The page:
A 58-yr-old woman developed an extreme acute hypernatremia (serum sodium level 200 mmol/l) with generalized seizures and coma after a laparoscopic intervention for a liver hydatid cyst excision complicated by cyst rupture and followed by a peritoneal sterilization of the cyst content with 30% hypertonic saline solution. Hemodialysis was started with correction of hypernatremia at a speed of 1 meq/l/h. Brain magnetic resonance imaging scan, performed within 24 h, is shown in the figure. Fluid attenuated inversion recovery images of the patient (panel A ) are compared with those obtained from a normal subject at the same slice level for comparison (panel B ). Diffusion weighted images of the patient (panel C ) are also compared with those of a normal subject (panel D ). Images in panels A and C showed juxtacortical edema in most regions of the limbic system network, namely the amygdala and hippocampus (short black arrows), mamillary body (white arrows), temporal pole, orbitofrontal cortex, insula (short white arrows), anterior cingulum (black arrowhead), and fornix (white arrowhead). The lesions appear hyperintense in diffusion weighted imaging, consistent with prominent cytotoxic edema.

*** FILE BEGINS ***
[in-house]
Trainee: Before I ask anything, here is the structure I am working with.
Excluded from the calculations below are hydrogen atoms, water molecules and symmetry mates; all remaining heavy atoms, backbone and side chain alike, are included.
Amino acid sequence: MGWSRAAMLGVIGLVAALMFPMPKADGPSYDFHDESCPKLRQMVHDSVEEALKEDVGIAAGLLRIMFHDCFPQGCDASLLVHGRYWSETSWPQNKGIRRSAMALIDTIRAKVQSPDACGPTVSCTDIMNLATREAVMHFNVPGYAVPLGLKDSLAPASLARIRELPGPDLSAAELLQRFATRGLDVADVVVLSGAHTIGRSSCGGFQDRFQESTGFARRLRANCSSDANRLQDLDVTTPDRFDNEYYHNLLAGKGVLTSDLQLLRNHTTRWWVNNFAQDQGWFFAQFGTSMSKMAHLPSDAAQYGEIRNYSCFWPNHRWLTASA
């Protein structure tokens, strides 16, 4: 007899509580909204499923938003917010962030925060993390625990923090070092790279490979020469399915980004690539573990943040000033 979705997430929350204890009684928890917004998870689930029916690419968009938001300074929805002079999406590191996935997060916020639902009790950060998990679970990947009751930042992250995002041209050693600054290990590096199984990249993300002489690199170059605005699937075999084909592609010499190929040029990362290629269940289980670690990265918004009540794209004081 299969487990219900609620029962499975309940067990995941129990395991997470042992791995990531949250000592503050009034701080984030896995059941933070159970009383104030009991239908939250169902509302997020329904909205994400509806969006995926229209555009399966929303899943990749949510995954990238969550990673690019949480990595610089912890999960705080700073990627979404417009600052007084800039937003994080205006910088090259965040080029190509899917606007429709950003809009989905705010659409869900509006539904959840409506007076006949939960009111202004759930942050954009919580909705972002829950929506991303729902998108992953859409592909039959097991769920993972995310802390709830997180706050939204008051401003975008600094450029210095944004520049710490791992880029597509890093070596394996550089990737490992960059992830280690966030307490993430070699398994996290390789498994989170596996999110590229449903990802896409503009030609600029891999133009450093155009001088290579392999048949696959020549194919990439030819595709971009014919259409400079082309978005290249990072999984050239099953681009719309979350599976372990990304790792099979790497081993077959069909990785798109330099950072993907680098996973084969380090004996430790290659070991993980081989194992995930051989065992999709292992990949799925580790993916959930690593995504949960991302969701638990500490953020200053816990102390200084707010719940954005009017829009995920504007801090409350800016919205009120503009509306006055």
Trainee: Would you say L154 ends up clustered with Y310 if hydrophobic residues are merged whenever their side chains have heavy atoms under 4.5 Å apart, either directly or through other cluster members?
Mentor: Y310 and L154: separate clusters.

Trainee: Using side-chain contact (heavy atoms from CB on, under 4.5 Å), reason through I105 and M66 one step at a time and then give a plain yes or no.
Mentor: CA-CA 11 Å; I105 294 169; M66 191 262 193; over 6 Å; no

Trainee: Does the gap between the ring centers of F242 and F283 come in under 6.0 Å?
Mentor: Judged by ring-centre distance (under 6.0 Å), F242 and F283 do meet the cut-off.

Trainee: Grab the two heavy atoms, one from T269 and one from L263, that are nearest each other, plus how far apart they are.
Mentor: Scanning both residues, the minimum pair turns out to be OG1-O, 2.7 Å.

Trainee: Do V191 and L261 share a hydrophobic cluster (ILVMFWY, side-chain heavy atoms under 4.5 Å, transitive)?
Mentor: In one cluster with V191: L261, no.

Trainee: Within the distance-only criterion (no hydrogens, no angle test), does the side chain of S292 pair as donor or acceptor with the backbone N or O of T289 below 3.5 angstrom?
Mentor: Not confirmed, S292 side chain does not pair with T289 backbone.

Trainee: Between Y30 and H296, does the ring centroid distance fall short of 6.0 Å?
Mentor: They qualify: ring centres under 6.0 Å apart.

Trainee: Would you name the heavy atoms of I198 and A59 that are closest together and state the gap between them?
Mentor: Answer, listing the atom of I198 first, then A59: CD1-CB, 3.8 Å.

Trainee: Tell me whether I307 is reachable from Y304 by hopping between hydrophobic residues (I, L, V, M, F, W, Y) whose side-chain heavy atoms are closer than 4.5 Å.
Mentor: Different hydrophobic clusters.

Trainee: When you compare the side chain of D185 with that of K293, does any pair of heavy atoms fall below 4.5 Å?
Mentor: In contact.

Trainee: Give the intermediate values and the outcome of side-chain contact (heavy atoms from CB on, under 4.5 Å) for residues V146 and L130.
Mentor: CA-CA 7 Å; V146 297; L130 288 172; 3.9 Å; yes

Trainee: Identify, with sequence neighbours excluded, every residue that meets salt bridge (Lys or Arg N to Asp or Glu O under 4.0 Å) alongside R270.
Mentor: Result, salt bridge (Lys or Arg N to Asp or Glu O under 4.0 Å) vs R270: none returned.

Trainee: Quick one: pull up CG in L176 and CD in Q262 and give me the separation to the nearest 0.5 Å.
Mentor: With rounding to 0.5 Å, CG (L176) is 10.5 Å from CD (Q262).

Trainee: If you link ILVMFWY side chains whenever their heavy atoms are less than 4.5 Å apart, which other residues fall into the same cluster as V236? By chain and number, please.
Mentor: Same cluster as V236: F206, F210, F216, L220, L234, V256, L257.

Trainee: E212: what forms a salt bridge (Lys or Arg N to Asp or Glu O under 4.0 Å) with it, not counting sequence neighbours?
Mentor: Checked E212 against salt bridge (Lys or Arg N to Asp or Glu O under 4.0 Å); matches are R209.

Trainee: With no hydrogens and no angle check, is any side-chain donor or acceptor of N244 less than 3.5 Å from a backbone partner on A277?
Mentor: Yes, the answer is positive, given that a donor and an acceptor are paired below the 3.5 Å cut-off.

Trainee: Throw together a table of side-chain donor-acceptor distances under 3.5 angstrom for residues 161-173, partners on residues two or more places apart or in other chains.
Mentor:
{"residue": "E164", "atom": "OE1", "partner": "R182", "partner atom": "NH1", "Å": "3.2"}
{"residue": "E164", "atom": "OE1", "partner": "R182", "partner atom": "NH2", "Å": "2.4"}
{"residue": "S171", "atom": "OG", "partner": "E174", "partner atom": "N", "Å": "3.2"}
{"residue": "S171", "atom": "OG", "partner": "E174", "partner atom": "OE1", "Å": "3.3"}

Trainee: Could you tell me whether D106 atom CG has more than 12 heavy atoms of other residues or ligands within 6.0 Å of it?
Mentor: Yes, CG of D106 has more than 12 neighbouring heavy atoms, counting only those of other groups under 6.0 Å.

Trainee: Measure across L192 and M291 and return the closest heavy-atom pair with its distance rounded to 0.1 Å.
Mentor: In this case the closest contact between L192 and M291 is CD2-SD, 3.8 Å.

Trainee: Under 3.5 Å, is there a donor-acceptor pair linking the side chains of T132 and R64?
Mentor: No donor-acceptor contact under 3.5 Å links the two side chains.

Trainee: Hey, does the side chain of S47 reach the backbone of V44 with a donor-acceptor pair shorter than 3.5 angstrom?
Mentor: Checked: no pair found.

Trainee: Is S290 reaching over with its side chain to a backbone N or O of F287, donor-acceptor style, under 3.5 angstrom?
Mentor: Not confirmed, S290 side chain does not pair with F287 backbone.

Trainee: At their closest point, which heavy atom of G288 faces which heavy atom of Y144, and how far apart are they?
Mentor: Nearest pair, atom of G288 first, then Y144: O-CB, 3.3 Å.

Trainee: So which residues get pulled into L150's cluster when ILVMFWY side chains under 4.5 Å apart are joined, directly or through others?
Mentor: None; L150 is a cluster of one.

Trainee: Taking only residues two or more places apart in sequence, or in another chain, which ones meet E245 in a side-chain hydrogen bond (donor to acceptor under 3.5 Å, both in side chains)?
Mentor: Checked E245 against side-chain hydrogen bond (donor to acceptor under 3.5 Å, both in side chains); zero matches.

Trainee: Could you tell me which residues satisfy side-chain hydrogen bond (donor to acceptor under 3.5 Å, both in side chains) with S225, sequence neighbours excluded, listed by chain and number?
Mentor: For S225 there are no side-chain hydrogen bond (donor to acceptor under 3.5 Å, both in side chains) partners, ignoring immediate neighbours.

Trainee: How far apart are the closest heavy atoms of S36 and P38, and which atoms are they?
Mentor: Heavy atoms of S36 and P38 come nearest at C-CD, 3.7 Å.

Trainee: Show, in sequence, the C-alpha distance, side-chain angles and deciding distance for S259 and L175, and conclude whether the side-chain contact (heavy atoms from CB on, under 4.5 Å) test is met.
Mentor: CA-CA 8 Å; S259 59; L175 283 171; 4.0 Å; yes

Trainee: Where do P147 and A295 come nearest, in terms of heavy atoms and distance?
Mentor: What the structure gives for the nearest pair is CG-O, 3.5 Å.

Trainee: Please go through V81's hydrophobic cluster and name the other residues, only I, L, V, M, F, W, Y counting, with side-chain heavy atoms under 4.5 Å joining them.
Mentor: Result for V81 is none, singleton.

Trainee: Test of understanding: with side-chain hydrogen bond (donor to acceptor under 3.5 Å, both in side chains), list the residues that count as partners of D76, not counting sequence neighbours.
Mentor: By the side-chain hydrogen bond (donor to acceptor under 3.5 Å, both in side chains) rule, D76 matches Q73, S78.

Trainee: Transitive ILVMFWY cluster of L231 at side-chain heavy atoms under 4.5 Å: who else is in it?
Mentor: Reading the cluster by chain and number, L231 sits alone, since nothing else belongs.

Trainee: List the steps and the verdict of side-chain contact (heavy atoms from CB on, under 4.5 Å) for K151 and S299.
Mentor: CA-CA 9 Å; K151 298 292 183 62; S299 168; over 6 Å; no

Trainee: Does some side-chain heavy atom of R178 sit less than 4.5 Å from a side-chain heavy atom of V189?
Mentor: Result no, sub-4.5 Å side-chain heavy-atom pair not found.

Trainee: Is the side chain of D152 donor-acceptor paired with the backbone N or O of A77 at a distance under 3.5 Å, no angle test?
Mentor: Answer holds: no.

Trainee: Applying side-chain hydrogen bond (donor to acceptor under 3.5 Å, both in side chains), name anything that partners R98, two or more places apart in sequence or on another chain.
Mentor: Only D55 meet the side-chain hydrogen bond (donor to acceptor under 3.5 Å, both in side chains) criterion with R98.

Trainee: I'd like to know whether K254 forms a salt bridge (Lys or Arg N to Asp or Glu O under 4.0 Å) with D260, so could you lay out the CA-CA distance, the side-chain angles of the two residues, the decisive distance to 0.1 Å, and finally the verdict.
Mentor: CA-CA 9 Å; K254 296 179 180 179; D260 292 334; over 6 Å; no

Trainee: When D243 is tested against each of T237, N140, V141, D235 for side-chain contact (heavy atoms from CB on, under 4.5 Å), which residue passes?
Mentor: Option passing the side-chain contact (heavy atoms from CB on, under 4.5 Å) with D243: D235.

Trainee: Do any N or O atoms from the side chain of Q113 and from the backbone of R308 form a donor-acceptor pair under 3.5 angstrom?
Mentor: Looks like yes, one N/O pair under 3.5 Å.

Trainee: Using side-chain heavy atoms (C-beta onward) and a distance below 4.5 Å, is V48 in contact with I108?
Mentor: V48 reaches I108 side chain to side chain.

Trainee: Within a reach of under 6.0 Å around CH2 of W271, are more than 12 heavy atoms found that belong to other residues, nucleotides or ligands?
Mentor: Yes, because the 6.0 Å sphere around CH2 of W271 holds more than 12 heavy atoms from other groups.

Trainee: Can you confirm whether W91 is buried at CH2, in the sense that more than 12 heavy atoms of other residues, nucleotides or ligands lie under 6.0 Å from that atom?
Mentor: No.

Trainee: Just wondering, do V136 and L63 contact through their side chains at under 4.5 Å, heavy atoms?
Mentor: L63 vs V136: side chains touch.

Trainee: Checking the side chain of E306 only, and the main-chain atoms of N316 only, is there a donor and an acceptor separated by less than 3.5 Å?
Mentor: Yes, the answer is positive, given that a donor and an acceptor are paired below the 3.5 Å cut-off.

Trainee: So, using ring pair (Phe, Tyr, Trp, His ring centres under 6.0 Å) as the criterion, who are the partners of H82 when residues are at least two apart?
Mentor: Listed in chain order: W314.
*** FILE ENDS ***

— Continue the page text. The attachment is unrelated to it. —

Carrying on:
Ten days later, a repeated neuroimaging study showed signs of symmetrical coagulative necrosis in the amygdala, hippocampus, and hypothalamus. The patient's state of consciousness partially improved, with neurologic sequelae of amnesia and aphasia.
Severe hypernatremia may produce central pontine or extrapontine myelinolysis and neuronal damage, depending on the level and duration of hypernatremia and the rapidity of its onset.1Neuroimaging findings presented here demonstrate a selective vulnerability of the regions belonging to the limbic system network to the effects of an acute and extreme hypernatremia. This condition might be sustained by a predisposing condition of the limbic system towards glutamate excitotoxicity, as suggested by observational studies.2,3